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Kovar Systems
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The Value Of Tracking Useful Metrics

By Dave Chamberlain

Today’s blog comes from one of our amazing Satori Business Success Coaches and company CEO, Dave Chamberlain. 

Consistent Effort over Time.

One of the cornerstones of Kovars since our founding 38 years ago, is analyzing the metrics of our business and it is largely what has propelled us to averaging 350 students and $50K in revenues in our eight locations.  

The stats we analyze in 2016 are largely different than what we looked at in 1978 because as the industry changed, what we measure to understand how we were doing changed.  However, we do not track stats just to look at numbers.  If the results we track didn't provide us with an ability to learn and improve, we would stop tracking them.

We still measure the big four - revenue, profit, number of students training and personnel costs, or wage line.  However, we also look below the surface, so to speak, to find hidden gems of data that can help us in understanding how we can improve. 

We also measure:

  • Retail revenue - we want to achieve a goal of 5% of total revenues, but we also want to have on-hand, what students want and need to be able to train safely.
  • Other revenues - birthday parties, karate camps, weapons seminars ...  We want to ensure our schools are allowing students to have outlets for social engagement and opportunities to learn more about certain martial arts techniques and weapons.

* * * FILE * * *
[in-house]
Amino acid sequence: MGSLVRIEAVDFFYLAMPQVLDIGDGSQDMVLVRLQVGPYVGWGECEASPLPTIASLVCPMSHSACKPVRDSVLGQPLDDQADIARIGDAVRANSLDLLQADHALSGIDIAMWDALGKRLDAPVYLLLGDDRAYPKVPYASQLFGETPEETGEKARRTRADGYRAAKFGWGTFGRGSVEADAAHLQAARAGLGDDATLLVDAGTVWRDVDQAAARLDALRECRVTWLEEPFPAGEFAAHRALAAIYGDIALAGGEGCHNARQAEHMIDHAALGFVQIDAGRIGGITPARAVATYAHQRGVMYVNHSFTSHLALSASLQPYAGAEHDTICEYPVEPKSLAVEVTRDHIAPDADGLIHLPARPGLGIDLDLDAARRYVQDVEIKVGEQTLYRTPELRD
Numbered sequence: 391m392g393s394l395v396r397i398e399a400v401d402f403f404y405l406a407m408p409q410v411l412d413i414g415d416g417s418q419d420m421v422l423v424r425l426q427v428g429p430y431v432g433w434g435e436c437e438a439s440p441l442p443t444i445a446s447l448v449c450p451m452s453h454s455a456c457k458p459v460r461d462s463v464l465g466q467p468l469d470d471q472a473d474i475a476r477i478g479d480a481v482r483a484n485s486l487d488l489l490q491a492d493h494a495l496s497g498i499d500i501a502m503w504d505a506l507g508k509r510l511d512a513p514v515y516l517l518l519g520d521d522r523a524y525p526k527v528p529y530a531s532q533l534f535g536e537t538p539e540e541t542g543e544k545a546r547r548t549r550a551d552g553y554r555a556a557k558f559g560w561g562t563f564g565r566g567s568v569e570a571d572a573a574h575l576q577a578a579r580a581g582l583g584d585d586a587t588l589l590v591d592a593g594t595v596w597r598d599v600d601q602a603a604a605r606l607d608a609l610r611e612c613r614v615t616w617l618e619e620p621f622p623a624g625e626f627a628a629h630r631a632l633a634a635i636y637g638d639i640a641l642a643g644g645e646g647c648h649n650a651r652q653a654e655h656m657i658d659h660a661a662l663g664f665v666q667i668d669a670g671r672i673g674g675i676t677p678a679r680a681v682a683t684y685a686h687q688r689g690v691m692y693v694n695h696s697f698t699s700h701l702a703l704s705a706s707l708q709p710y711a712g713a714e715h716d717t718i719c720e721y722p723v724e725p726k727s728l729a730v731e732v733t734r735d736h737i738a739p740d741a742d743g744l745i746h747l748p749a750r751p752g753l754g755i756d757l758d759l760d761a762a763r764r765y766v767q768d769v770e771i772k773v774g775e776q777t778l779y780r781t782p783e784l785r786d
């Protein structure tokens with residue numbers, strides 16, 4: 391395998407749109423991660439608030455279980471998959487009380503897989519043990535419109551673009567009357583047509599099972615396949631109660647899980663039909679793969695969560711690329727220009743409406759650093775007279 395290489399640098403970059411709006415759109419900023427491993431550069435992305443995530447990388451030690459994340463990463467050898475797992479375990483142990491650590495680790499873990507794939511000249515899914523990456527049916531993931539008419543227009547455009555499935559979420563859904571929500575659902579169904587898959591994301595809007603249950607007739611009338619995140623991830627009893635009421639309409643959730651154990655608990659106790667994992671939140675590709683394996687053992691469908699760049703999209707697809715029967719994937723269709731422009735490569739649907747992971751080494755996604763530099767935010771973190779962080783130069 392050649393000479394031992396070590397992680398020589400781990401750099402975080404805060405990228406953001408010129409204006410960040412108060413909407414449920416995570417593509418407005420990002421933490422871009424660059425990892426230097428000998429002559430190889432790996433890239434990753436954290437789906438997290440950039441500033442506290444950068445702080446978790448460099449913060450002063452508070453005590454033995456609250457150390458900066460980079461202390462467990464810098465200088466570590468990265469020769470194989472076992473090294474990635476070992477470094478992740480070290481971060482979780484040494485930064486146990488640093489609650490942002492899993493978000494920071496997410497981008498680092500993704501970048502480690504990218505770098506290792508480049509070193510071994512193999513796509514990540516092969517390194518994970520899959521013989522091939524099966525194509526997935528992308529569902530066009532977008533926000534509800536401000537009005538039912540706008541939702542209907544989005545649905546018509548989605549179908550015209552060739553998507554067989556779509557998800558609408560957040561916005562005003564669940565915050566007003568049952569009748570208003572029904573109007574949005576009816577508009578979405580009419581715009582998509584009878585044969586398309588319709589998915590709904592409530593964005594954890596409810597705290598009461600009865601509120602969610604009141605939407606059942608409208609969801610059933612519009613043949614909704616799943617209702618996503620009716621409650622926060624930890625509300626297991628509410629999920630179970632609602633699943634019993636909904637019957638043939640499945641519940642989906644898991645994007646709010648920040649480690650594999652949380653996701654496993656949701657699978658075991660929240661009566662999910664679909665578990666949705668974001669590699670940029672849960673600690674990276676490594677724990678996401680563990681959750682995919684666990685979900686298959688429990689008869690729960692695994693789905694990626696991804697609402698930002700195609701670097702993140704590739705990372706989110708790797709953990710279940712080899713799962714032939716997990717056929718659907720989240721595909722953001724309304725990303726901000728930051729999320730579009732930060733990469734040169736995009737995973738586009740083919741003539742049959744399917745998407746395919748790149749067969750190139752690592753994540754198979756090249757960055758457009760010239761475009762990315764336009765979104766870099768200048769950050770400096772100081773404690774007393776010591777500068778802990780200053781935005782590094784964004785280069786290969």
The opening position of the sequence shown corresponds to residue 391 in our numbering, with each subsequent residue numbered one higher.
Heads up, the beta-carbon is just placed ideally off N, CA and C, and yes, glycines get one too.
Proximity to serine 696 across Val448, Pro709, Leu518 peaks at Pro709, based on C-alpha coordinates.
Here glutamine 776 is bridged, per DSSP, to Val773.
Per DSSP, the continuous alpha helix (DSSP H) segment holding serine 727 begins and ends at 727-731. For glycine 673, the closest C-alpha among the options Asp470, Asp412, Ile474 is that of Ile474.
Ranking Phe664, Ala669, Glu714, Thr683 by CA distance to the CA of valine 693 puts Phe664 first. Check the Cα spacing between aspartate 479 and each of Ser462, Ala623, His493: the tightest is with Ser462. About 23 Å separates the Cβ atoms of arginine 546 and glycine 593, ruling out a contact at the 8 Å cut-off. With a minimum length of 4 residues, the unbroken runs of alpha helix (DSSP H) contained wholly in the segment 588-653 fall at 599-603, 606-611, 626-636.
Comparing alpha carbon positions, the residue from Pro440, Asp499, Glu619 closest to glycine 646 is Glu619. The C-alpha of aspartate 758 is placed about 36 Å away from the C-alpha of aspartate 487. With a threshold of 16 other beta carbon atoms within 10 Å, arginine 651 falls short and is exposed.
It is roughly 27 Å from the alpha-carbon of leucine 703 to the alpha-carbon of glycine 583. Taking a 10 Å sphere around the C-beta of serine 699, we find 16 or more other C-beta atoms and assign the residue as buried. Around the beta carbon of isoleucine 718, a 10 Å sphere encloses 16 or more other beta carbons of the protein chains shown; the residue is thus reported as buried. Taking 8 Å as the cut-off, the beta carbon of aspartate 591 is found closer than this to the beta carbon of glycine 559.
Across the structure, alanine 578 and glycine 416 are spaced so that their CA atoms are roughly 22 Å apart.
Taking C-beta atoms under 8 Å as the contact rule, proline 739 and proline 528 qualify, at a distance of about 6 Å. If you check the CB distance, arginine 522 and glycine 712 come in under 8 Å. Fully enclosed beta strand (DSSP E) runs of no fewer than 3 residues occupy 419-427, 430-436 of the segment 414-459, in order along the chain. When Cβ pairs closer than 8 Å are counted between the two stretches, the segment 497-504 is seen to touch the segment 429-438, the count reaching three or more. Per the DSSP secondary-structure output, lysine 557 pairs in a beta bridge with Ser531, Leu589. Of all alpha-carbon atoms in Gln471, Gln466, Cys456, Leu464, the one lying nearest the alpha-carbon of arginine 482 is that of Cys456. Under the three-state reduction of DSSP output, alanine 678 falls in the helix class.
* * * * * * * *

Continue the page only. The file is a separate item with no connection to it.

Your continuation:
• The wage line as a percentage of revenue - our goal is 27%.
  • Facility costs as a percentage of revenue - our goal is 16%.
  • Conversions - a rolling three-month average from inquiry to enrollment - 60% is our goal.
  • Net New - new students minus quits = Net New - as many as possible is our goal.
  • Quit rate - also a three-month rolling average - less than 3% is our goal.

These seven categories are tracked for all of our eight KOVAR'S owned schools and posted in our monthly leaderboard, which rewards points depending on each school's place against the other seven schools in each category.  The top school in a category receives one point, 2nd place receives two points and so forth through 8th place.  The school with the lowest point total is declared the winner of the Leaderboard for that month.  

The Leaderboard and all the stats involved have a great effect on how we see our schools and where gains, losses and improvements can be applied. It’s important that as you run your school, you continue to track all aspects of your business that will allow you to evaluate and gauge your work. If you work solely in a vacuum of moment-to-moment business you do a disservice to you AND your staff because you end up keeping yourself in the dark to what could potentially be just a stone’s throw away from success. Knowing your stats, means you know your business.

See next week for a follow-up blog  Part II: The Value Of Tracking Useful Metrics on other key metrics we use to run our business.

Own a thriving martial arts school, be the school in your area that stays open all year round. Our team is ready to set a plan for your business success, make an appointment today to secure your future.



Dave Chamberlain is a seasoned senior executive with experience in high-profile corporate environments and fast-growing start-ups. He is a proven leader with a consistent track record of success. Prior to joining Kovar's Satori Academy, he held executive management positions at Gateway Computer and IBM. Mr. Chamberlain found his way to Kovar's after his daughter began as a student in one of the Kovar's Academies, shortly thereafter Dave Chamberlain began training. He has since earned his 2nd degree Black Belt and is training for his third.

Dave Chamberlain joined Kovar's in 2006 and now serves as the CEO working side-by-side with Kyoshi Kovar to make Kovar's and their clients successful. Mr. Chamberlain brings a wealth of both small and large business experience to the table. When coupled with his passion for Martial Arts and the belief that it can and does positively impact the lives of those who train, he remains a strong advocate for the Martial Arts Industry.

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by Dave Chamberlain